Conventional transarterial chemoembolization more cost-effective than drug-eluting embolic TACE

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Senior author Nishita Kothary

Compared with doxorubicin-loaded drug-eluting embolic transarterial chemoembolization (DEE-TACE), conventional transarterial chemoembolization (cTACE) yielded a higher number of quality-adjusted life years (QALY) at a lower cost, making it the more cost-effective of the two modalities. This is the conclusion reached by a cost-effectiveness analysis published in the Journal of Vascular and Interventional Radiology (JVIR) by Xiao Wu (Yale School of Medicine, New Haven, USA), senior author Nishita Kothary (Stanford University Medical Center, Stanford, USA), and colleagues.

The investigators set out to compare the cost-effectiveness of DEE-TACE versus that of cTACE for patients with unresectable hepatocellular carcinoma (HCC).

They constructed a decision-analysis model that spanned a payer’s entire life; the model simulated the clinical course, including periprocedural complications, additional transarterial chemoembolization or other treatments (ablation, radioembolization, or systemic treatment), palliative care, and death, of patients with unresectable HCC. Describing their methodology, Wu et al explain: “All clinical parameters were derived from the literature. Base case calculations, probabilistic sensitivity analyses, and multiple two-way sensitivity analyses were performed.”

Conventional TACE yielded a health benefit of 2.11 QALYs at a cost of US$125,324, whereas DEE-TACE yielded 1.71 QALYs for US$144,816. In 10,000 Monte Carlo simulations, a mathematical technique used to estimate outcomes of an event, cTACE continued to be a more cost-effective strategy.

The authors report that cTACE was cost-effective when the complication risks for both the procedures were simultaneously varied from 0–30%. DEE-TACE became cost-effective if the cTACE mortality exceeded that of DEE-TACE by 17% in absolute values. The two-way sensitivity analyses demonstrated that cTACE was cost-effective until the risk of disease progression was >0.4% of that for DEE-TACE in absolute values.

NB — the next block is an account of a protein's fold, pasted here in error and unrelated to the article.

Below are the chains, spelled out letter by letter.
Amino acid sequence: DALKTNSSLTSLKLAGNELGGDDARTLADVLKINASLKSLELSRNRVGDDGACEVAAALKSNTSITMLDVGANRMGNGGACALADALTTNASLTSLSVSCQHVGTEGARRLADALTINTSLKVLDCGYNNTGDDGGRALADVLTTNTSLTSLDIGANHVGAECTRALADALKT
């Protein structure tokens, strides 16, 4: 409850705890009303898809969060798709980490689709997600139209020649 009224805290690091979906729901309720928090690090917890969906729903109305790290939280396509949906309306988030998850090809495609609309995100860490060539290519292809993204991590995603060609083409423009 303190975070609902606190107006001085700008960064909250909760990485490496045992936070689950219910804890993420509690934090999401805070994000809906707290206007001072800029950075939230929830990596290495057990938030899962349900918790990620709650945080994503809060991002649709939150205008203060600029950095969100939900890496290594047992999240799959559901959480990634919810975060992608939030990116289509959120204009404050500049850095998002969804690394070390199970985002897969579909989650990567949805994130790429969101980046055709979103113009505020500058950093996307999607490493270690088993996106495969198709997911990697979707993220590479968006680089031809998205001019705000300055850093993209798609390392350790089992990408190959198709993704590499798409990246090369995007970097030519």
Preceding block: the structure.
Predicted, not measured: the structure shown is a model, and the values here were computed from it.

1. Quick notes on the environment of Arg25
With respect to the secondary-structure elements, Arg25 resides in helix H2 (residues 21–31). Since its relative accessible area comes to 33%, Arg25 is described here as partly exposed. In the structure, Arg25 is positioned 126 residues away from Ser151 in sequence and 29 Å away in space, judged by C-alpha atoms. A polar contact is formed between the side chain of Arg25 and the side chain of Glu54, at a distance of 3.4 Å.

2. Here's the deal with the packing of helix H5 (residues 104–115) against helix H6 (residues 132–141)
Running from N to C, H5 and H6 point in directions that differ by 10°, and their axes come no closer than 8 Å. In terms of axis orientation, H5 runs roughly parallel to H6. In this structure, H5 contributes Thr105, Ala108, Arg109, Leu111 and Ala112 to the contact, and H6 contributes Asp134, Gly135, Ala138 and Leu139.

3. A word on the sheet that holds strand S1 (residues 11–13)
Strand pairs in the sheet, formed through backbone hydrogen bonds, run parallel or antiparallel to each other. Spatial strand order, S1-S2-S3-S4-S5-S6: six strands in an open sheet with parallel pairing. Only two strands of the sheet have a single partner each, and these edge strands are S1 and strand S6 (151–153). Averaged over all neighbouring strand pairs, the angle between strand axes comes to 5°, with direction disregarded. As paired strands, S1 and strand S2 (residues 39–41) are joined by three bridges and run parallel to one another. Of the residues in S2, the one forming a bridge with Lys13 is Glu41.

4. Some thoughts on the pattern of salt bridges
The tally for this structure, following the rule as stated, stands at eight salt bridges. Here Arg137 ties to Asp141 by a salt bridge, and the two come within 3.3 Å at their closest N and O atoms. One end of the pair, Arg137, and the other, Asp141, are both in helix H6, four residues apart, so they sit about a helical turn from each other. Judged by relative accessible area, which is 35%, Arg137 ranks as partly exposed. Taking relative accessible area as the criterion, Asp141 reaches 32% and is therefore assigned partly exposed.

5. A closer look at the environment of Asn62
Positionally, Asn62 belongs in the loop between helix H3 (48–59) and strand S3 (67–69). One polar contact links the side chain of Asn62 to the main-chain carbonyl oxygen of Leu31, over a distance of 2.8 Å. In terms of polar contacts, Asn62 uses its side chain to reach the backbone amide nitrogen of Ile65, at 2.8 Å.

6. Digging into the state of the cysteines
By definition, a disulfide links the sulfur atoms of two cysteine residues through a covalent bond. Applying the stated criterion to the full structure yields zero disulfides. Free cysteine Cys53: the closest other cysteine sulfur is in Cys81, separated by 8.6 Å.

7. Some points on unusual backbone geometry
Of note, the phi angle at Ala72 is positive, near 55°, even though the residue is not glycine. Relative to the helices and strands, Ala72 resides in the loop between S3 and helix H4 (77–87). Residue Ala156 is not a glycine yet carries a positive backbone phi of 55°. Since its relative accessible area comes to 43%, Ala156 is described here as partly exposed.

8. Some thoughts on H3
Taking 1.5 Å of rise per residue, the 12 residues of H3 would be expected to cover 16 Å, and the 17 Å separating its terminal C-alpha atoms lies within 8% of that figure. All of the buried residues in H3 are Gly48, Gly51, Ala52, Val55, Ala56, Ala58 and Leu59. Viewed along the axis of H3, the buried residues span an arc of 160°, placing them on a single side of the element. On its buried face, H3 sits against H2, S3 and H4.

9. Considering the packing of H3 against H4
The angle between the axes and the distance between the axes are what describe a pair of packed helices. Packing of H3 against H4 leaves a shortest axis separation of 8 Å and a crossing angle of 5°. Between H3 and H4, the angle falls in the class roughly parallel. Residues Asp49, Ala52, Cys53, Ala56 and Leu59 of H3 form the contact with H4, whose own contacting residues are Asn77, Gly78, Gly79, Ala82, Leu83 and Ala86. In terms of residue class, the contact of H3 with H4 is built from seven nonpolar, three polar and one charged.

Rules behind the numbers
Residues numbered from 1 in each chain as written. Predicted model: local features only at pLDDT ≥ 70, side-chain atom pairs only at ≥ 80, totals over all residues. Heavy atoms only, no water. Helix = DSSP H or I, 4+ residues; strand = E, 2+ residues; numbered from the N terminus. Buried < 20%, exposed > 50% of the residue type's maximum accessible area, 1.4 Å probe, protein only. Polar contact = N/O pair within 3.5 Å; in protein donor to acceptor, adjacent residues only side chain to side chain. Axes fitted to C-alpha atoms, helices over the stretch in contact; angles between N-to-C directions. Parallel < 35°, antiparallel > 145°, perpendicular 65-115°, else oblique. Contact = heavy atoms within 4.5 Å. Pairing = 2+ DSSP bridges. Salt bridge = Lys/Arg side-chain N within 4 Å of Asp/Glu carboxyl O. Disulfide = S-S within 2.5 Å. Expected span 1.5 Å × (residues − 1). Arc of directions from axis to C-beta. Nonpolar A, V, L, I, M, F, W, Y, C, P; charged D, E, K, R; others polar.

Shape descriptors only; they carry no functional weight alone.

“Our analysis showed that DEE-TACE would be more cost-effective if it offered >2.5% higher overall survival benefit than cTACE in absolute values,” Wu and colleagues summarise.

Replying to this journal article as posted on Twitter, Aaron Maxwell (The Warren Alpert Medical School of Brown University, Providence, USA) asked: “If cost effectiveness is being discussed, why not bland embolization alone? No chemotherapy to pay for, and RCT [randomised controlled trial] data with equivalent outcomes to TACE from 2016.”

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Co-author Julius Chapiro

Responding, study co-author Julius Chapiro (also Yale School of Medicine, New Haven, USA) wrote on Twitter: “Excellent point! While there is some doubt as to the standard of care for the control arm in the JCO paper (DEB-protocol), I am not at all convinced that chemo adds value to beads. Our experimental studies prove the point, too. We must really think about it in depth.”

He posted a figure from a previous JVIR paper authored by the same team, writing: “Even with smaller calibre beads, the drug (heat map) barely covers the entire tumour. Primarily embolic effect. I will say that my journey so far has really made me doubt the value of chemo.

“We now need to understand the immunological effect of the different materials we introduce and how they may or may not affect the tumour microenvironment and immune response (especially + checkpoint inhibitors). I do not see clear striking evidence for DEBs re outcome. None.”

This prompted Maxwell to reply: “Terrific work. I think it is incumbent upon the IR [interventional radiology] research community to aggressively expand our understanding of the tumour microenvironment if we are to optimise outcomes for catheter-directed locoregional liver therapies.”

Chapiro agreed, exclaiming: “We simply have to aggressively expand our science and transform our therapies to be directed to and tailored for the individual tumour microenvironment!”

Speaking directly to Interventional News, Kothary added: “Data on bland embolization are limited, precluding a robust carcinoembryonic antigen (CEA) test. “DEE-TACE is also associated with a higher need for pain control due to its true embolic nature (I would guess that bland embolization is similar), and pain control often requires overnight hospitalisation that would impact a CEA.”


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